A duty is an obligation to act or not act in a particular situation. This can be rooted in law, morals, contracts and roles. The following are common types of duty.
Moral DutyAn obligation that is created by principles of right and wrong. For example, the moral duty to be honest with others.
Legal DutyA duty created by the laws and regulations of a society. For example, the duty to report your income to a tax authority.
Contractual DutyA duty created by agreement between parties. For example, a company director that has a duty to disclose any conflicts of interest by the terms of their employment agreement.
Professional DutyA duty to comply with the ethics and norms of a profession. For example, journalists that have the duty to verify the accuracy of their reports according to a code of ethics.
Fiduciary DutyFiduciary duty is an obligation to act in the best interest of another party. This comes up in business where you are representing someone else in a transaction. For example, a real estate agent representing a buyer has a fiduciary duty to tell the buyer if they are aware of a problem with a property. This is a type of legal duty.
ResponsibilityResponsibilities of a role such as a job or social role. These can be dynamic such that they change from day to day. For example, an accountant that has a responsibility to reconcile bank records with journal entries.
AccountabilityAccountability is like responsibility except that it can't be delegated. For example, the VP of Operations for an airline can delegate safety related maintenance to mangers but remains accountable for safety.
Due DiligenceThe level of care that can be reasonably expected of a task. For example, the duty to investigate the labor and environmental practices of your partners such that ignorance can't be used as an excuse.
Social DutySocial duty is an informal duty defined by society and culture. For example, the Japanese concept of giri (duty) and ninjo (true feelings) whereby social duty often comes into conflict with one's true feelings and desires. For example, a father who wants to spend time with his children each evening (ninjo) who has a social duty (giri) to stay at the office until his boss goes home. Generally speaking, Japanese culture respects those who put duty ahead of feelings. Some cultures reverse this where following your true feelings despite your duty is glorified.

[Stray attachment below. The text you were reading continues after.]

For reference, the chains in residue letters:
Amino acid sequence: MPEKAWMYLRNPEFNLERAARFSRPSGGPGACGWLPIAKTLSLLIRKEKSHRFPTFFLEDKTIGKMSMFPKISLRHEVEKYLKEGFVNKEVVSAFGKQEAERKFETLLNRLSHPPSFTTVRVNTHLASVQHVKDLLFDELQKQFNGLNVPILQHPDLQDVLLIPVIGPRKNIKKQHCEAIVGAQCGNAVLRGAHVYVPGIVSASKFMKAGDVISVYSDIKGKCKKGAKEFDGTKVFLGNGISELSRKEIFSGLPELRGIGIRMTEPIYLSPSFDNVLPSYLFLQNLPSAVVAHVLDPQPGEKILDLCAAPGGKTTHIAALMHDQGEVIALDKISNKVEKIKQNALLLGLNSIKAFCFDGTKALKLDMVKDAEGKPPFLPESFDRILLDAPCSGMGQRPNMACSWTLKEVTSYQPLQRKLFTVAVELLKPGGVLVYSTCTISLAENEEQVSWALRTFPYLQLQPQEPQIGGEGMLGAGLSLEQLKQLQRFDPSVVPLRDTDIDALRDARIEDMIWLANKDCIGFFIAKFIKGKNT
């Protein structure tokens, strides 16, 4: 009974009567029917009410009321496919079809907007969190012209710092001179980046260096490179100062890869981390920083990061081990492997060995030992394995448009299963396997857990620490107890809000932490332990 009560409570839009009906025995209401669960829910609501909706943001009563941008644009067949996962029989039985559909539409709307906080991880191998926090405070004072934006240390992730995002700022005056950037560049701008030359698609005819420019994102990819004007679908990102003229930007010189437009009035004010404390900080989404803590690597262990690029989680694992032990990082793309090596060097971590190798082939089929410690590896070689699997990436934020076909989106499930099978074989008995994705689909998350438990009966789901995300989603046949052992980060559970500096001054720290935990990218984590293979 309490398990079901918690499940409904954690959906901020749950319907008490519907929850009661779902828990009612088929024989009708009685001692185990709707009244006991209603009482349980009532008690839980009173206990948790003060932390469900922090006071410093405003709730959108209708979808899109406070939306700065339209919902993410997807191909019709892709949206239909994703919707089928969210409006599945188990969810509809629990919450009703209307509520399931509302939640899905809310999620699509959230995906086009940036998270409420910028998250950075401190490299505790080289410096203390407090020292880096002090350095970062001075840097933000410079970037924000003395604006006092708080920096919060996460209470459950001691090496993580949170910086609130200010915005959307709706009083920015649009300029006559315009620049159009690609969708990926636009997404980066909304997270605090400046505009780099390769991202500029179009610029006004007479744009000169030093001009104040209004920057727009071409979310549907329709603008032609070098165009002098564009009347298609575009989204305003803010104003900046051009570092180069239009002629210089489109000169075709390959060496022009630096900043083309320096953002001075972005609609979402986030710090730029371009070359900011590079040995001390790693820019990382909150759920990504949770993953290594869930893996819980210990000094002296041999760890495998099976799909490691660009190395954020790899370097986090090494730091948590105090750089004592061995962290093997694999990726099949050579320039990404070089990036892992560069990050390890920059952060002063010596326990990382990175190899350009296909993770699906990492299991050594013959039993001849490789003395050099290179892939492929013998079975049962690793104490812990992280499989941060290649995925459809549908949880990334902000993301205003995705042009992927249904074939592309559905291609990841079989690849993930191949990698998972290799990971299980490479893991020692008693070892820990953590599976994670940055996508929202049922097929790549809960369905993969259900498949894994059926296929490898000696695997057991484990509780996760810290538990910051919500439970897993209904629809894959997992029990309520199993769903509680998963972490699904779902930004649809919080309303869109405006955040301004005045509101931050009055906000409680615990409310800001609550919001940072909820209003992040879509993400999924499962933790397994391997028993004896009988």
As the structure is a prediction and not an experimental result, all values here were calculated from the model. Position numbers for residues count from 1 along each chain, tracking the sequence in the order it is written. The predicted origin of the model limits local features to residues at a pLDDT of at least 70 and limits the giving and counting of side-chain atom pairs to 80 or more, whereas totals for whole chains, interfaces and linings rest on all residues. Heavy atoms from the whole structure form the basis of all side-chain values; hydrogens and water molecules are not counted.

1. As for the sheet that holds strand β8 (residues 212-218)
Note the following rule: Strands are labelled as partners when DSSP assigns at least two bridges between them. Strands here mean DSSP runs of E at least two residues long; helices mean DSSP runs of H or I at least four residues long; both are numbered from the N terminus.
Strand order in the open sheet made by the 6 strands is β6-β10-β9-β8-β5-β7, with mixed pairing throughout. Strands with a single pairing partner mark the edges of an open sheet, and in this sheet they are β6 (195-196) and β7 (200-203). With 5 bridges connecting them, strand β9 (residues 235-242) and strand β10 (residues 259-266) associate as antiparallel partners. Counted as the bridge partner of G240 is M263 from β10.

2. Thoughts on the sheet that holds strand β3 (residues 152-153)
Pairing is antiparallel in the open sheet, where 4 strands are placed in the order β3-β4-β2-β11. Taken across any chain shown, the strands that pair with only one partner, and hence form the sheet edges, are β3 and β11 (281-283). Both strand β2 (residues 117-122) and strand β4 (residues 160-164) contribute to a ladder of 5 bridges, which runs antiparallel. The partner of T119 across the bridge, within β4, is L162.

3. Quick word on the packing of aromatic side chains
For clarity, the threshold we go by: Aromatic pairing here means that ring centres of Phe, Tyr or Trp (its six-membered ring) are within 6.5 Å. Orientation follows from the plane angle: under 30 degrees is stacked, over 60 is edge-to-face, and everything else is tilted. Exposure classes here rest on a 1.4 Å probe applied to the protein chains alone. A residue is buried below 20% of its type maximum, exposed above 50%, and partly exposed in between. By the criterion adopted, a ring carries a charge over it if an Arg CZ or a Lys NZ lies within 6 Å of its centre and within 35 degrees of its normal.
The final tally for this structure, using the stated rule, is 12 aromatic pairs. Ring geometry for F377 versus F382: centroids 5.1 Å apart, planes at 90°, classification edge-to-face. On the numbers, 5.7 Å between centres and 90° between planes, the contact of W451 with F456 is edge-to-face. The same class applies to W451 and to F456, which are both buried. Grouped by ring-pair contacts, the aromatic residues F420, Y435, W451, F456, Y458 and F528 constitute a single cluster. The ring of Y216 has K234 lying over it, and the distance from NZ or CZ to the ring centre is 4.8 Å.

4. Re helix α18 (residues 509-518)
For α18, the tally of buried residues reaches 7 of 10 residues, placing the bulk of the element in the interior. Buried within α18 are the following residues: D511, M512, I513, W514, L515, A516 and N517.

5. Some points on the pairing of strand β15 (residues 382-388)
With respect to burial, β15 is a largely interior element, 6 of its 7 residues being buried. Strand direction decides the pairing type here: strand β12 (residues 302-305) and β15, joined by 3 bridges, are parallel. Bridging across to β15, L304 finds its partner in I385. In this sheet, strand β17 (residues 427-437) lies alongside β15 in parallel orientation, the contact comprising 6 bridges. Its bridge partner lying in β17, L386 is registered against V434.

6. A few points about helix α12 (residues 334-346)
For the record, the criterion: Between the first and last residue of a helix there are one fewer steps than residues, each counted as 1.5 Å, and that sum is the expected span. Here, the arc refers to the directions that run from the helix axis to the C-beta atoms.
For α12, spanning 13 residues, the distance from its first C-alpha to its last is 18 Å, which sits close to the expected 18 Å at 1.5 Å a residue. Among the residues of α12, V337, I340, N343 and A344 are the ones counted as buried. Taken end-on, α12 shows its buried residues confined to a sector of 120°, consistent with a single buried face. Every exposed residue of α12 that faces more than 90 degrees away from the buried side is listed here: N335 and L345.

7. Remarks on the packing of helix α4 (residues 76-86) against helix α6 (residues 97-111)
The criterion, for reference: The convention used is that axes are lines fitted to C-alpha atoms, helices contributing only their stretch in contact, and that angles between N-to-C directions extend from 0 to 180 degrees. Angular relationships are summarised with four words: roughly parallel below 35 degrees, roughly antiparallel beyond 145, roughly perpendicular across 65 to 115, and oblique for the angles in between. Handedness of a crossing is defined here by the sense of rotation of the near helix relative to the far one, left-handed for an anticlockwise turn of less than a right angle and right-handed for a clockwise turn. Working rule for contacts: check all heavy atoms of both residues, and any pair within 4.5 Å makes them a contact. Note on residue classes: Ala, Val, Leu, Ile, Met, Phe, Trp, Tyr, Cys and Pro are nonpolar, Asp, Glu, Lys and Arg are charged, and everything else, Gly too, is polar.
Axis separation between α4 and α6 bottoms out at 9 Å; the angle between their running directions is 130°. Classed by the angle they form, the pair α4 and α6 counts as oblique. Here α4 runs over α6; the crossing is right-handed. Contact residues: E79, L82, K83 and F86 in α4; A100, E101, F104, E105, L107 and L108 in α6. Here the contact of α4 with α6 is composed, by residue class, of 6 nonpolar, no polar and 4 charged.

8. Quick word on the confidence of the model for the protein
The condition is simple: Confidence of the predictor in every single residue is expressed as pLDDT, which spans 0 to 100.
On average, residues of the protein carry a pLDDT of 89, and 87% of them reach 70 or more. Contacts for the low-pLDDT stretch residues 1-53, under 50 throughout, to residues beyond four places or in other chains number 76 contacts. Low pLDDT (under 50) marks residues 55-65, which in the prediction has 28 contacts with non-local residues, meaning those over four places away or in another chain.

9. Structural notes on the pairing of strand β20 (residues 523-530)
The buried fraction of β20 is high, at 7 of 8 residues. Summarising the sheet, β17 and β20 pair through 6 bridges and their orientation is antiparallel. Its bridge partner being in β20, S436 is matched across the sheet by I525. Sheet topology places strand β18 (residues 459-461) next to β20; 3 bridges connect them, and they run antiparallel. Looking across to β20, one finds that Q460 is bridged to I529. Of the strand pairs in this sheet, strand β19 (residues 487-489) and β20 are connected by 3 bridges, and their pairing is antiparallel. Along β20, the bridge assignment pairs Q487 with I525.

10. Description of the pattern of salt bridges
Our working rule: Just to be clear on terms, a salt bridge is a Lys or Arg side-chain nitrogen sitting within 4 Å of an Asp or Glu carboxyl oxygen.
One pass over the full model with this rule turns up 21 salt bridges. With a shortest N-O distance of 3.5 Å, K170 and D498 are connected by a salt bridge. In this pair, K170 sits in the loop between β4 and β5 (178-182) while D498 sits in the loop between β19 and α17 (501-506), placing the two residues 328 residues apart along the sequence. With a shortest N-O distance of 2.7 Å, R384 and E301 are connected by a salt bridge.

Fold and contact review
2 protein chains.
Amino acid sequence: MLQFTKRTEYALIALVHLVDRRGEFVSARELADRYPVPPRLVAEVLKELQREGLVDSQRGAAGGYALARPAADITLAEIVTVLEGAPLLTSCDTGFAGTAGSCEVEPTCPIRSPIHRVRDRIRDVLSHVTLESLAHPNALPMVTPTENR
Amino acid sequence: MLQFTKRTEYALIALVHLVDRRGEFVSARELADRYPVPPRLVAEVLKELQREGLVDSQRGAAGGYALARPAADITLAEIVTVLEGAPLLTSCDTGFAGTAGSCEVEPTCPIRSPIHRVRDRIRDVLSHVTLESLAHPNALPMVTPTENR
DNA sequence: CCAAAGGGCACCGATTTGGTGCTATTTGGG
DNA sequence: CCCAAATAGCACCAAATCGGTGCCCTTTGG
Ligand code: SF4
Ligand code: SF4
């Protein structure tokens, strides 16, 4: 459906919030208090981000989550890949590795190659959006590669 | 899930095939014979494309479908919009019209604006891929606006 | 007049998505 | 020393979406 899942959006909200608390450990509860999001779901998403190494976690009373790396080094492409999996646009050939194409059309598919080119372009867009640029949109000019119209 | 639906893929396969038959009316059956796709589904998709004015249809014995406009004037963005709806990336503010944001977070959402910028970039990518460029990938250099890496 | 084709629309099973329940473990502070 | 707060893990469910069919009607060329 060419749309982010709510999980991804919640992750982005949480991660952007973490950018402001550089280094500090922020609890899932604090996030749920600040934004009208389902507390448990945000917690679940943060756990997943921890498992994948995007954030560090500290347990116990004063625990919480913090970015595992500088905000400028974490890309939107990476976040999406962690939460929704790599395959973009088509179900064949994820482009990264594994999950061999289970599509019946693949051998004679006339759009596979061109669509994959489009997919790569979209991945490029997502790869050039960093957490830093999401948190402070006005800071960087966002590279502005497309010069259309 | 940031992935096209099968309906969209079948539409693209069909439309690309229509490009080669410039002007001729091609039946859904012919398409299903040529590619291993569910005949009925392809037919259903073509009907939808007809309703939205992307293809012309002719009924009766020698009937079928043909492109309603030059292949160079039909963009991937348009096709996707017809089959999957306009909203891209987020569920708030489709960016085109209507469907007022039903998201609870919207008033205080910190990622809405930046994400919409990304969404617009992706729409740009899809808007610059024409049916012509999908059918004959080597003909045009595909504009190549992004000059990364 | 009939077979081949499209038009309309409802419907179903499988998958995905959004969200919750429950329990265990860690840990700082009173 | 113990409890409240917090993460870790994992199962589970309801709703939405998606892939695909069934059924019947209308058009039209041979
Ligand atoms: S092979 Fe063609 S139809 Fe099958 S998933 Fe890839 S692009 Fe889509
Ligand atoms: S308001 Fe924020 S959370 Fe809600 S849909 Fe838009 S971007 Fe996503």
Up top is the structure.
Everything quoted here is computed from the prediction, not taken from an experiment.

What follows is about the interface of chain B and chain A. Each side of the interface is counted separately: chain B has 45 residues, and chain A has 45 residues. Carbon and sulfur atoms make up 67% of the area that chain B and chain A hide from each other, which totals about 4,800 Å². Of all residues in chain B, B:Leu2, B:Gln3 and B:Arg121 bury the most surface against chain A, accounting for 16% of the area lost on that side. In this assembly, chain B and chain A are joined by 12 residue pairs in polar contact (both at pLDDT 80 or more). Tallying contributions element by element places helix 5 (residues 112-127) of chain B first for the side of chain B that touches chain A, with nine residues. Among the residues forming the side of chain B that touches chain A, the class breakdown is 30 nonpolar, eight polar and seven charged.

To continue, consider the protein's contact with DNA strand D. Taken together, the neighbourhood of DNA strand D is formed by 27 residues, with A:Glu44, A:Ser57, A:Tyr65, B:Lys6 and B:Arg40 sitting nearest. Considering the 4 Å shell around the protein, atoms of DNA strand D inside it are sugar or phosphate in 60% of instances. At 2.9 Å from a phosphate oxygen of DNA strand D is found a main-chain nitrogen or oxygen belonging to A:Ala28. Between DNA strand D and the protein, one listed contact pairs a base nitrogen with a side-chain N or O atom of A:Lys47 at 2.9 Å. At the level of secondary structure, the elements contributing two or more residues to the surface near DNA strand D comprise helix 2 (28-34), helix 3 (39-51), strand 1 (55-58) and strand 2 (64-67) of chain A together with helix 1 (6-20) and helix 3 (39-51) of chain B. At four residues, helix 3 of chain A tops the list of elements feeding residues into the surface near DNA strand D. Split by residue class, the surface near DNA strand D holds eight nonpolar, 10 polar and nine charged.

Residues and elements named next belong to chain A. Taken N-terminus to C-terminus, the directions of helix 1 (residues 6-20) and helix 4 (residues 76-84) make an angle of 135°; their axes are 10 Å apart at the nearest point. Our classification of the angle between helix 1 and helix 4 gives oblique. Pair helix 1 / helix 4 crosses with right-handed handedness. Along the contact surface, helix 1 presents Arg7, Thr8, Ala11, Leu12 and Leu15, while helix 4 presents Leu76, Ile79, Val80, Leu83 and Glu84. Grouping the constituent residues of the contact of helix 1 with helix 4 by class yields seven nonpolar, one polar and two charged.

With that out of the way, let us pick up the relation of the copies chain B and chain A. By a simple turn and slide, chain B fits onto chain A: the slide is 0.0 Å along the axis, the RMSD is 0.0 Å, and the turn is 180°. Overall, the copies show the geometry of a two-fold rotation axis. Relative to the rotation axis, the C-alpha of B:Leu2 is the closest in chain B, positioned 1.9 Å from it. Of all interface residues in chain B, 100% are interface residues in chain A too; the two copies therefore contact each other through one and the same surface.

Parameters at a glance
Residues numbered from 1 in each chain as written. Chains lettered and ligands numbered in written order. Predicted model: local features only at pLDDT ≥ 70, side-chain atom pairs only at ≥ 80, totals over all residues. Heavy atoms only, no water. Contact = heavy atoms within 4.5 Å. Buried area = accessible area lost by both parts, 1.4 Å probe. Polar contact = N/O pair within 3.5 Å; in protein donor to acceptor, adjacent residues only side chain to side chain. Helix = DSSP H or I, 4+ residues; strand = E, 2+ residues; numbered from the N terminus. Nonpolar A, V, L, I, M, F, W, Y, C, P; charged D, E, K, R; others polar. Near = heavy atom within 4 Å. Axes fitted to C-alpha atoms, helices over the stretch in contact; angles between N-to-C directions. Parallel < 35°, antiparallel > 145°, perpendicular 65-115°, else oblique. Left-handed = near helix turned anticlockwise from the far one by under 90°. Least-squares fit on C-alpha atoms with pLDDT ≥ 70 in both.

NormsNorms are rules of behavior that are enforced with social processes. This respects the intelligence and freedom of individuals by not making everything a formal law, regulation or rule. It's an informal social duty to follow norms if you want to fit in with a society or culture. For example, the norm that you thank someone who offers you a courtesy.
Civic DutyCivic duty are ethical obligations expected of all members of a society. For example, the duty to vote in elections.
CivilityCivility is the duty to resolve disputes in a reasonable way using the systems and norms offered by a society. This assumes a society has rights, freedoms and reasonable systems for resolving disputes.
Duty of RevolutionThe right or duty to overthrow a government that has ceased to function as a democracy or that has turned against its people.
Duty of CareA legal duty to apply a reasonable standard of care if you are doing something that could harm another person. For example, the duty to pay attention when you're driving.
Duty of CandorDuty of candor is the principle that a government not try to win lawsuits at all costs but to admit to mistakes, errors, omissions and fault even if it isn't beneficial to their case. For example, the responsibility of a public hospital to report mistakes in a procedure even if this creates liability.
Duty of RescueThe duty to come to the aid of someone who is in danger. A moral duty that isn't always a legal duty.
Parental Duty Duties to protect, nurture and provide children with every chance to thrive. For example, parents, guardians and babysitters have a duty of rescue.
Duty to WarnThe duty to warn others of danger that you are aware may harm them. For example, an employer has a duty to inform employees of workplace hazards such as a dangerous or unhealthy chemical.
NotesThe examples above include legal, moral, social and role-based duties.
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